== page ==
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Should I Go See Lukas?

  • Yes- most definatly!!

    Votes: 8 44.4%
  • Eh- not my favorite but wouldnt hurt

    Votes: 5 27.8%
  • Maybe- if you really like him, but i dont

    Votes: 2 11.1%
  • No-ok, but not a great guy

    Votes: 2 11.1%
  • Definate No

    Votes: 0 0.0%
  • Your Choice/I dont know

    Votes: 1 5.6%
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Discussion Starter · #1 ·
Ok.. So, I was offered by an oh so loved relative :hug: to buy me another horse... I would keep Casey to! It would be a jumping horse. Im currently at the level of 1-2 ft. Obviously I would start small at first with a different horse :). But I would eventually be working up higher, so I have no clue the highest I will jump!! But anyways.. I found this horse! And I need some opinions, on what you think!!

Photo: http://www.dreamhorse.com/photos/sep/1726370.jpg
Breed:
Secondary Breed: Thoroughbred CROSS
Dutch Warmblood
Date Foaled: 2003 Gender: Gelding
Height: 16.1 hh Weight: 1,100 pounds
Color: Bay Other Color
or Markings: one white sock
Gaited: No Warmblood: No
Temperament:
1=Very Calm...
10=Very High-Spirited: 5
For Sale: Yes Asking Price: $5,500 (US)

Eventing
Jumping

Notes: Sound, handsome, bold and friendly, Lukas has 3 great gaits, big stride, scopey jump, soft mouth, always sound and ready to go. Has jumped 3 stadium,will go higher with training, novice x-country, some dressage training. Lukas is in full eventing training in --------. He loves to jump. Honest, will take any jump, water, ditches. He is at home in an arena, and loves x-country. I bought him for foxhunting but he doesnt settle out on country with cattle and a crowd of horses. Some eventing training (as allowed by my finances), as well as trail rides and schooling shows. Worked well with lots of horses in warmup arena. Lukas jumped into water, over ditches, 3-foot up/down banks and more at ------- recently; he has been to several horse parks and easily settles into the work. Loads and trailers, ties and handles well, gets along with other horses. He has a big jump and wants to jump bigger, sometimes faster, so best suited for an intermediate rider or a rider in training. Does a few dressage lessons with other riders at my barn and they love working with him. He trail rides great alone, and with a few horses-likes to be leader. I adore this horse. His price is not reflective of his quality and potential, its reflective of limited training miles.Video on youtube and I linking to this ad. search for Lukas 2011 montage.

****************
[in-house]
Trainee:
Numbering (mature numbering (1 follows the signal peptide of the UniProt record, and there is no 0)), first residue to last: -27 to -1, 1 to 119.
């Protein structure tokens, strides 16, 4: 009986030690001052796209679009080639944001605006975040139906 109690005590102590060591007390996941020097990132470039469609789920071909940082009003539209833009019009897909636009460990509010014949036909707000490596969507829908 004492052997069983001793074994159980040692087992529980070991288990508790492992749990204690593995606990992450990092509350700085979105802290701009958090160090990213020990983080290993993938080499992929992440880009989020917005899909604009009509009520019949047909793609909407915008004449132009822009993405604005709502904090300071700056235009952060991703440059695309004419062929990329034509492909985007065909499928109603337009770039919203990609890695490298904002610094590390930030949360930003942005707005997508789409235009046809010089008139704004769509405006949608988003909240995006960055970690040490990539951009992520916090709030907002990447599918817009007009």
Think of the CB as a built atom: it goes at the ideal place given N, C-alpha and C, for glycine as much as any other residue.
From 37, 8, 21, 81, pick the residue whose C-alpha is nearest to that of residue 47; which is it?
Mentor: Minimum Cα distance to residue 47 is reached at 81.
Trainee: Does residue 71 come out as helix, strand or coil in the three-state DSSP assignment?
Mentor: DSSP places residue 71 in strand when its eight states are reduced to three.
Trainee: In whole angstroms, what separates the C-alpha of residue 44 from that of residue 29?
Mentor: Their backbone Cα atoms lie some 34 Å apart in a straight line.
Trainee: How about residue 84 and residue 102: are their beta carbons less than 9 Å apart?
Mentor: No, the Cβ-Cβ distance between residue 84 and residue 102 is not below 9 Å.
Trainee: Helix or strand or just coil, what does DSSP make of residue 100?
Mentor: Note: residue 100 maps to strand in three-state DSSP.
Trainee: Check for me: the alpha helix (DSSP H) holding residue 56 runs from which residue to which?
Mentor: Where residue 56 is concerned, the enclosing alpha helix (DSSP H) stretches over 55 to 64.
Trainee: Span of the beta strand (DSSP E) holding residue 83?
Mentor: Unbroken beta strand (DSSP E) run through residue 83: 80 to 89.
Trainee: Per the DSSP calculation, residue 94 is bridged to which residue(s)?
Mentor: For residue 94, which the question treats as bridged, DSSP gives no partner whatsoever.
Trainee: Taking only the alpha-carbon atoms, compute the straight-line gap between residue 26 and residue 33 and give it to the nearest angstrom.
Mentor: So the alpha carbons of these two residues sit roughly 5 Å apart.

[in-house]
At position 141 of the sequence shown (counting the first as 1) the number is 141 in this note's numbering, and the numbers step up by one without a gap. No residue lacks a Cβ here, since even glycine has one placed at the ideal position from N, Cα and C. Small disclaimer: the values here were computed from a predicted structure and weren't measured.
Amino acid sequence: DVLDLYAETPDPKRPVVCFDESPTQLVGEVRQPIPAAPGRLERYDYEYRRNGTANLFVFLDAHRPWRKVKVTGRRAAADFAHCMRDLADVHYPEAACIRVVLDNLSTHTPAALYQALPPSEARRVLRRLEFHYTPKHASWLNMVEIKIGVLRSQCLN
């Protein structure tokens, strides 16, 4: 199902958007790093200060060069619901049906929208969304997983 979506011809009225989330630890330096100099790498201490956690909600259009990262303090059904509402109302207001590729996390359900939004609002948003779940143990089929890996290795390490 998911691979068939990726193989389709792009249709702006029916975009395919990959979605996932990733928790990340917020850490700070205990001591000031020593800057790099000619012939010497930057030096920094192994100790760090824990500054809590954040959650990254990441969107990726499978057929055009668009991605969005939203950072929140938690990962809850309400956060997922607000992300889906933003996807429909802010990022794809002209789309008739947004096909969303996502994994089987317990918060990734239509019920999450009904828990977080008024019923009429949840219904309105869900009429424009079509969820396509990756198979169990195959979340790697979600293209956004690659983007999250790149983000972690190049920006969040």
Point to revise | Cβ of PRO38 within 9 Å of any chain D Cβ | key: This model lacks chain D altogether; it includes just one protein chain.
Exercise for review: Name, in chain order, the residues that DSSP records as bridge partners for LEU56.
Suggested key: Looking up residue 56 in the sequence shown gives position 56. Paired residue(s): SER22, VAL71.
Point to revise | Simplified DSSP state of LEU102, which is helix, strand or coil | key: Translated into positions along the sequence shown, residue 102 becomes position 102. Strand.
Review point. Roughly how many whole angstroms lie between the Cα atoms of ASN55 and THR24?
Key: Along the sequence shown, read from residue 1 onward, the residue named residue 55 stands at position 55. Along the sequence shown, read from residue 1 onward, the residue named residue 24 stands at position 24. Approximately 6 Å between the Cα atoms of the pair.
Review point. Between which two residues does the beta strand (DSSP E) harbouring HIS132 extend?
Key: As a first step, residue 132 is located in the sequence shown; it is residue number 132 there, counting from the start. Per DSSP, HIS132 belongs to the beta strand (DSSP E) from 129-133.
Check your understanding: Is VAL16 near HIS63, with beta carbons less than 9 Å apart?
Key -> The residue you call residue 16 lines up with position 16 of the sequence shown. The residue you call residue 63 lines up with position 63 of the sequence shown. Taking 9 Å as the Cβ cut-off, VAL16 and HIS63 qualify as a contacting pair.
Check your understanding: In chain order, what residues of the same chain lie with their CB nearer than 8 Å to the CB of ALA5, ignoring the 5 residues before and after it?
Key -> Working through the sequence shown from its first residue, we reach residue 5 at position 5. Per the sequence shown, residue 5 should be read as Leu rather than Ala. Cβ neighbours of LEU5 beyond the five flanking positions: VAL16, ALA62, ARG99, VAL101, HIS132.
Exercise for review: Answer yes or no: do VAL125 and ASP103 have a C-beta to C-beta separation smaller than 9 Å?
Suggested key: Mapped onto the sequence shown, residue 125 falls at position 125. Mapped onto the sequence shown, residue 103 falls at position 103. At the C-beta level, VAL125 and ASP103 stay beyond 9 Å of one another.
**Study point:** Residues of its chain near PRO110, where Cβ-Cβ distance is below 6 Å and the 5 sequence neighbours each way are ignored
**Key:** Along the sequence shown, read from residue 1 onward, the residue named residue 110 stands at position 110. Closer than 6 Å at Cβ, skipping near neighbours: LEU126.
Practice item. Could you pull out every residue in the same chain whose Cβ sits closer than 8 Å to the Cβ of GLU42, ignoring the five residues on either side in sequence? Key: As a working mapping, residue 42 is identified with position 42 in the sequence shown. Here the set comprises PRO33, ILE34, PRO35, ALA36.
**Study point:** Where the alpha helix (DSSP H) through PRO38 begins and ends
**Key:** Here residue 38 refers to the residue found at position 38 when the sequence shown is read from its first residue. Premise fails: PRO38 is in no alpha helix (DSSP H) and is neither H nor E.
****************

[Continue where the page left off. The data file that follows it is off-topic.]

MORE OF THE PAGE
videos:
jumping:
walking:
trotting/cantering :

Thank you so much!! I was thinking, do you think he is a bit heavy on forehand?? I was thinking that a little. And do you think his uphillness would affect him?? Thank you so much again :hug:
 

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Oooooh, I like him! I don't think he looks heavy on the forehand at all. In that last video, he back is swinging and he moving along stretching into the bit nicely. He looks great in the jumping video. Did you go see him yet?
 

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Discussion Starter · #3 ·
Oooooh, I like him! I don't think he looks heavy on the forehand at all. In that last video, he back is swinging and he moving along stretching into the bit nicely. He looks great in the jumping video. Did you go see him yet?
No I havent... :cry: I really want to though! :)
 

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I think he looks really stiff through his hind end, and I am not overly impressed with his jumping style, but that may just be how he is being ridden. If you do consider purchsing him I would have en exstensive prpe-purchase exam done. Something doesn't look right about the way he moves. It could be something as simple as he just needs to see a chiropractor, but something definitely doesn't look right.
 

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I agree with countercanter-- really stiff through the hind end. And I really don't like his jumping style--of course, that could get better with more training, but as it is, I really don't like what he's doing with his hind end over the fences. If he goes any higher I feel like he's going to have serious trouble and start hitting rails. Of course, if you don't want to go much higher, then that's fine. But I really would go have a good, thorough pre-purchase exam done. He's cute, but I'm just not sure.